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Family already in canada and daughter needs to move along

Discussion in 'Business Immigration' started by hunain96, Aug 27, 2019.

  1. Hello everyone,
    I had a query. I would be glad if anyone can provide me a solution. Actually, i wanted to ask if family recently moves to quebec canada as a permanent resident, except for their daughter (age 23) how she can move along? Is it possible to move on temporary resident visa and then apply for study permit in canada? or any soultion to move on temporary resident visa then apply for permanent residency?
  2. Sure she could apply for a study permit, attend college for a couple of years, get a PGWP, get Canadian work experience and then apply for PR.

    She cannot 'move' to Canada on a TRV, just visit, whether that would get approved difficult to predict if all family is in Canada given need to show reasons to return to home country.

    Generally people apply for study permits from outside of Canada to show both chosen course is relevant and intention is to return home at the end of the course. Whether that is the actual plan of course is a different matter but thats what should be shown as intention on study permit application.

    Without the study permit option then options to get PR are limited to finding an employer to sponsor an LMIA which is difficult or applying in own right for express entry which assumes could get to 460 points the current selection target or a PNP program. All these options depend on what qualifications she has already and of course work exeperience.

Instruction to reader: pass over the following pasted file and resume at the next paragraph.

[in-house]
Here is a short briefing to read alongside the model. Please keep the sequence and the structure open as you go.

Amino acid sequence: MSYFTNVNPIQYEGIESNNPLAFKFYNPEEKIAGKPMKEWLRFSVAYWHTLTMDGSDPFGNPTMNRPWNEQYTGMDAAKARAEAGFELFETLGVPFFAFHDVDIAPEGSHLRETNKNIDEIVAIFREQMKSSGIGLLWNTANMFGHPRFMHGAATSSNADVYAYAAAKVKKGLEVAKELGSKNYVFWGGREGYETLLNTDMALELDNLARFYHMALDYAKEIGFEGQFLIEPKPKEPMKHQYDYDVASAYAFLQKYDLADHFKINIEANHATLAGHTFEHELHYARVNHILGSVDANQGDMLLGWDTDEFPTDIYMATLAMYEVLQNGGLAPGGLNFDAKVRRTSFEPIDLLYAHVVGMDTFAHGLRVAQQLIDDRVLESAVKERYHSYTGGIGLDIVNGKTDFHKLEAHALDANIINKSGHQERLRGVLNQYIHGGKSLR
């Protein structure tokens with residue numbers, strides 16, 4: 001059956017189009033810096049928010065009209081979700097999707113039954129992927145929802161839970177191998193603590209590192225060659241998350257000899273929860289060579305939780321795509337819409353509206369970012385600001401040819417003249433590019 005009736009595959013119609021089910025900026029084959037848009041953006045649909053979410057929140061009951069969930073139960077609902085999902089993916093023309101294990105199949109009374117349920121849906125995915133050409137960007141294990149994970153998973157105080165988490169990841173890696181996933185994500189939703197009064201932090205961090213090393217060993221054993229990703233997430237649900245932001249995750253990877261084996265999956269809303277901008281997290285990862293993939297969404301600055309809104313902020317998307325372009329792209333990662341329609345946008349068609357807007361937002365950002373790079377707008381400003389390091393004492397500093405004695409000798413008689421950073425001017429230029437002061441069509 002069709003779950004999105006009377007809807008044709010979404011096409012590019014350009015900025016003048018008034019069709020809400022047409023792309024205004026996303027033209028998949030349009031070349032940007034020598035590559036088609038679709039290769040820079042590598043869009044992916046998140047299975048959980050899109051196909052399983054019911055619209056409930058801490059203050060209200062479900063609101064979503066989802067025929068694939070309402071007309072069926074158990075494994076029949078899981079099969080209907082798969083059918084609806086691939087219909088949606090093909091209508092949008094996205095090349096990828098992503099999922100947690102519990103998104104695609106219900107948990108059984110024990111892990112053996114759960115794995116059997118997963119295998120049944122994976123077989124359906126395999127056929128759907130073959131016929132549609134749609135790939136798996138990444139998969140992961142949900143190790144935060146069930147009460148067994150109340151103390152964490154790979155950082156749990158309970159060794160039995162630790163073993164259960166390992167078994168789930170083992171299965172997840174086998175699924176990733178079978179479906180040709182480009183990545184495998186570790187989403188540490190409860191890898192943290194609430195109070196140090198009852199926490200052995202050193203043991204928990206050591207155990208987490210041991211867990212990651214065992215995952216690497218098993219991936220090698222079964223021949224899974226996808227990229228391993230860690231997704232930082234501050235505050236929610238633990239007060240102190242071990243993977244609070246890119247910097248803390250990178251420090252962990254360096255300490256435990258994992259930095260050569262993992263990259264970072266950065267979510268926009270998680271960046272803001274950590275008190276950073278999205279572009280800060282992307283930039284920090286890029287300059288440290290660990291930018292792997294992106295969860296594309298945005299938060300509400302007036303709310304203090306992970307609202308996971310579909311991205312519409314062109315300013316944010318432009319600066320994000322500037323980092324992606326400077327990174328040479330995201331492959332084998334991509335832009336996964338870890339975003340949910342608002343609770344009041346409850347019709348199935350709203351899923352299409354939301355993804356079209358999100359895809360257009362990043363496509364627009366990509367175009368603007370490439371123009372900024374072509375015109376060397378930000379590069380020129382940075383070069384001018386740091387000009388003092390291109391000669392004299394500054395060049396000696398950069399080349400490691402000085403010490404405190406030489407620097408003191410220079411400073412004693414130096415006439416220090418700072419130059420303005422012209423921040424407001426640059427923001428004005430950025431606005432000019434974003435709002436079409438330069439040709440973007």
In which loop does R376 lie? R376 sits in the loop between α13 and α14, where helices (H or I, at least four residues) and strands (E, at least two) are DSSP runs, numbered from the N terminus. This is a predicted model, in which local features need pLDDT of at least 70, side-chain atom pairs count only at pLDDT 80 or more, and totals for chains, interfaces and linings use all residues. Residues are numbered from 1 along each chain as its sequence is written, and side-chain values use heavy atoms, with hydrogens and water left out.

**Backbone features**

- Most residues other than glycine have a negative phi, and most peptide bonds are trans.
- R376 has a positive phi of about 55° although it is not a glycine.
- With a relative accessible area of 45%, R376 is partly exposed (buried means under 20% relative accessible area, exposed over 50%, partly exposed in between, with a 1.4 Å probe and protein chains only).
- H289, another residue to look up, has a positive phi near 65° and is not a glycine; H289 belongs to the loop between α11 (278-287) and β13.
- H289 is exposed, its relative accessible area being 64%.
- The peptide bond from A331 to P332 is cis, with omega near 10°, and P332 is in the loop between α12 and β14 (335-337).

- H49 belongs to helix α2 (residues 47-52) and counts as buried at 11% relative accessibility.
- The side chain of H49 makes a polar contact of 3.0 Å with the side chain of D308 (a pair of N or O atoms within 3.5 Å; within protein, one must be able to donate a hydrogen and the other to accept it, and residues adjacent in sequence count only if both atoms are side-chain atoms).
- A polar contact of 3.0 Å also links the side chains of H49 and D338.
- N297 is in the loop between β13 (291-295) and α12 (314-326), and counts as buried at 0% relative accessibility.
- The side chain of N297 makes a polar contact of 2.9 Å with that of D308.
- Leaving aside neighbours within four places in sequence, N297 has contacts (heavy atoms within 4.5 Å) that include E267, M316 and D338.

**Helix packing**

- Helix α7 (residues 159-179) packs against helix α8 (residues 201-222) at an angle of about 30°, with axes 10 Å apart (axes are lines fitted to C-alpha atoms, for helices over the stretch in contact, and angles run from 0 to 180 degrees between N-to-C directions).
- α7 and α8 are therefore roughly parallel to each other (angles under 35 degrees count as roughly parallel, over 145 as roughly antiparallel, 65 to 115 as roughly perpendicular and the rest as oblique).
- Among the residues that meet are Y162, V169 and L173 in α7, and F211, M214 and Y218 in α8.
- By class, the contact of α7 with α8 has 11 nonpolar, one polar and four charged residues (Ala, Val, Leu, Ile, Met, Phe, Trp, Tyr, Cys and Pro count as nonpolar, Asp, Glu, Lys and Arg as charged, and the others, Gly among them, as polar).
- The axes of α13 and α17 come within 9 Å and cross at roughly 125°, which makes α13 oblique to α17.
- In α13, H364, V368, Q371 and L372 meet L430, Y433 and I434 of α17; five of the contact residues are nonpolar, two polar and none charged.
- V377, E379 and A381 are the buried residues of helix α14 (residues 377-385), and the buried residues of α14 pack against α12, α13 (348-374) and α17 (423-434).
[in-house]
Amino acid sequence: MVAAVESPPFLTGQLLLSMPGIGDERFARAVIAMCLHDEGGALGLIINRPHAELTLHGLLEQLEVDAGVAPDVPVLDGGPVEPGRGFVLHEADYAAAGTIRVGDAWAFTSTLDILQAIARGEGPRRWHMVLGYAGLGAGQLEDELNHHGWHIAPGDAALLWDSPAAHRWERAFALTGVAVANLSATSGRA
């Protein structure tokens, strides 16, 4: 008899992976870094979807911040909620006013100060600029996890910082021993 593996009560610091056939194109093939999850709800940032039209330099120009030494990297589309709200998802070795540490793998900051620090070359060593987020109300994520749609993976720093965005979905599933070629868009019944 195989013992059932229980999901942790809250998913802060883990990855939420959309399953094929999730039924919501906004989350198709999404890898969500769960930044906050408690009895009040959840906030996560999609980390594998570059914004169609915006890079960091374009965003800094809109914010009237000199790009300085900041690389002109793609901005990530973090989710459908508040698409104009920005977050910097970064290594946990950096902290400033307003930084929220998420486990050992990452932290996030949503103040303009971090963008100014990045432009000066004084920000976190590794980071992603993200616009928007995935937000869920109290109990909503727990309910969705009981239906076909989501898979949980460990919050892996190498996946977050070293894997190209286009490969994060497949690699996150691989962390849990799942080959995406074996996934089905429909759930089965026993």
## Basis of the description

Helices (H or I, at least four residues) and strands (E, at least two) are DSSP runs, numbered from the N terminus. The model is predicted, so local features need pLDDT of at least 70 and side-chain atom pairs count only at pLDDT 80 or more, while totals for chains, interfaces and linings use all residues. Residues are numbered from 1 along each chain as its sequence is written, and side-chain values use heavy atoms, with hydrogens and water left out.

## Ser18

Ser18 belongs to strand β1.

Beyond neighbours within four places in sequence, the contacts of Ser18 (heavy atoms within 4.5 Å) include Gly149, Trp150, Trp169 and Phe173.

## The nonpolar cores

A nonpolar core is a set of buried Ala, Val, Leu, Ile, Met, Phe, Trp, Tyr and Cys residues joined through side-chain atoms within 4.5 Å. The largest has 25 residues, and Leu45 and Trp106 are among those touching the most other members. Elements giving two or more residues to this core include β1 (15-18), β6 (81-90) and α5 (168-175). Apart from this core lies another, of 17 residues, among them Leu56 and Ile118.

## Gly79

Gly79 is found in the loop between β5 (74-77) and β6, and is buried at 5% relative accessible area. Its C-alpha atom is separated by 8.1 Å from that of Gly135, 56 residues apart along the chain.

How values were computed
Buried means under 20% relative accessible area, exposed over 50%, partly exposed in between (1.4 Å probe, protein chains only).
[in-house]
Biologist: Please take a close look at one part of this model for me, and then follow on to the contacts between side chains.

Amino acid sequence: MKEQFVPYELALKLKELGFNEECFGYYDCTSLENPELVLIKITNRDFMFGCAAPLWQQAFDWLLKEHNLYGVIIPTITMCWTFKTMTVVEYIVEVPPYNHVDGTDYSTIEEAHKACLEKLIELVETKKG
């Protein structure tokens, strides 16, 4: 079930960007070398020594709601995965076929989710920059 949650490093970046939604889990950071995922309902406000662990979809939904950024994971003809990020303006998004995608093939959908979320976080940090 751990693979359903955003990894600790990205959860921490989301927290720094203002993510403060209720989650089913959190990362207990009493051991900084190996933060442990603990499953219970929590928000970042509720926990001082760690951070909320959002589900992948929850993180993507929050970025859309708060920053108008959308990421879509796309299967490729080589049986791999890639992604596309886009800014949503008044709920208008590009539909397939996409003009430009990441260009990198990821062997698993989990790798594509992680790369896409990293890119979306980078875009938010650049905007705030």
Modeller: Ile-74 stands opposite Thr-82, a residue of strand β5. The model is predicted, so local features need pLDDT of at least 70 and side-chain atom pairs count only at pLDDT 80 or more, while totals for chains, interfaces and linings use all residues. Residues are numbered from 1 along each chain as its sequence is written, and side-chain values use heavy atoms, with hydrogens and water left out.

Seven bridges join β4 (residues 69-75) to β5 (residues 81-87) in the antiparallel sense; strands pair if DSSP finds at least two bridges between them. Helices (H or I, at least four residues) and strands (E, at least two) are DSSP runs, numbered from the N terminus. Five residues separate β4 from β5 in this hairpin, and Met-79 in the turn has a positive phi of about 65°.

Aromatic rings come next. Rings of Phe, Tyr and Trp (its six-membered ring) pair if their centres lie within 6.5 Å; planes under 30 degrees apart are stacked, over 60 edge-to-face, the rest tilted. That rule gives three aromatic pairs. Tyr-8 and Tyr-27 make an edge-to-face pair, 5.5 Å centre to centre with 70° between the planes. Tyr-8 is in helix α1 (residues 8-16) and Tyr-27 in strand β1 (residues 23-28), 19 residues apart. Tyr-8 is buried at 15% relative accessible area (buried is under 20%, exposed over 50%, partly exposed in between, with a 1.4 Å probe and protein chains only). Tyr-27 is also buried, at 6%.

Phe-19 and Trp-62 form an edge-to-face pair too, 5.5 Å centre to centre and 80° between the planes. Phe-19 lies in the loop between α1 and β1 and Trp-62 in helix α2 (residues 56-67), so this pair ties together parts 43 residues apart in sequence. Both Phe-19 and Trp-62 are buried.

hunain96 likes this.
  3. Okay thanks a lot. I dont know why this rule is implemented that dependent child age above 22 cannot move along with family Who is unmarried and financially dependent on her father, How can one live alone without their family moving in any other country. Seriously disappointed.
  4. The rules have been like this for many years. I'm not sure why you are surprised or disappointed since you would have known this at the time you applied. You should have been expecting this and planned accordingly. If you failed to plan, no one to blame and be seriously disappointed in but yourself.
  5. Actually, didn't knew anything about it as consultant didnt even bothered to tell us this. He just used to say that dependent child should be unmarried only. Now there is no hope left.

  6. It was 19 a few years ago so 22 is much older. You had access to a computer and should have researched a program before committing to it. The reasoning is that most children will have finished a bachelor degree or college program and many Canadian children are living independently. In other countries children are commonly married at this age. Honestly your daughter will likely struggle to get a study permit because she will not appear to be a genuine student. It will be clear that she is only studying as a vehicle to immigrate.
  7. Your consultant was clearly incompetent. I know this doesn't help you now, but make sure you don't recommend him to anyone who asks you for a consultant.
    hunain96 likes this.
  8. I have the same issue. We couldn't get our step-son with us and his study permit application was rejected multiple times. Having strong family ties in Canada works against the applicant in case of TRVs like Study visa and visitor visa.
    hunain96 likes this.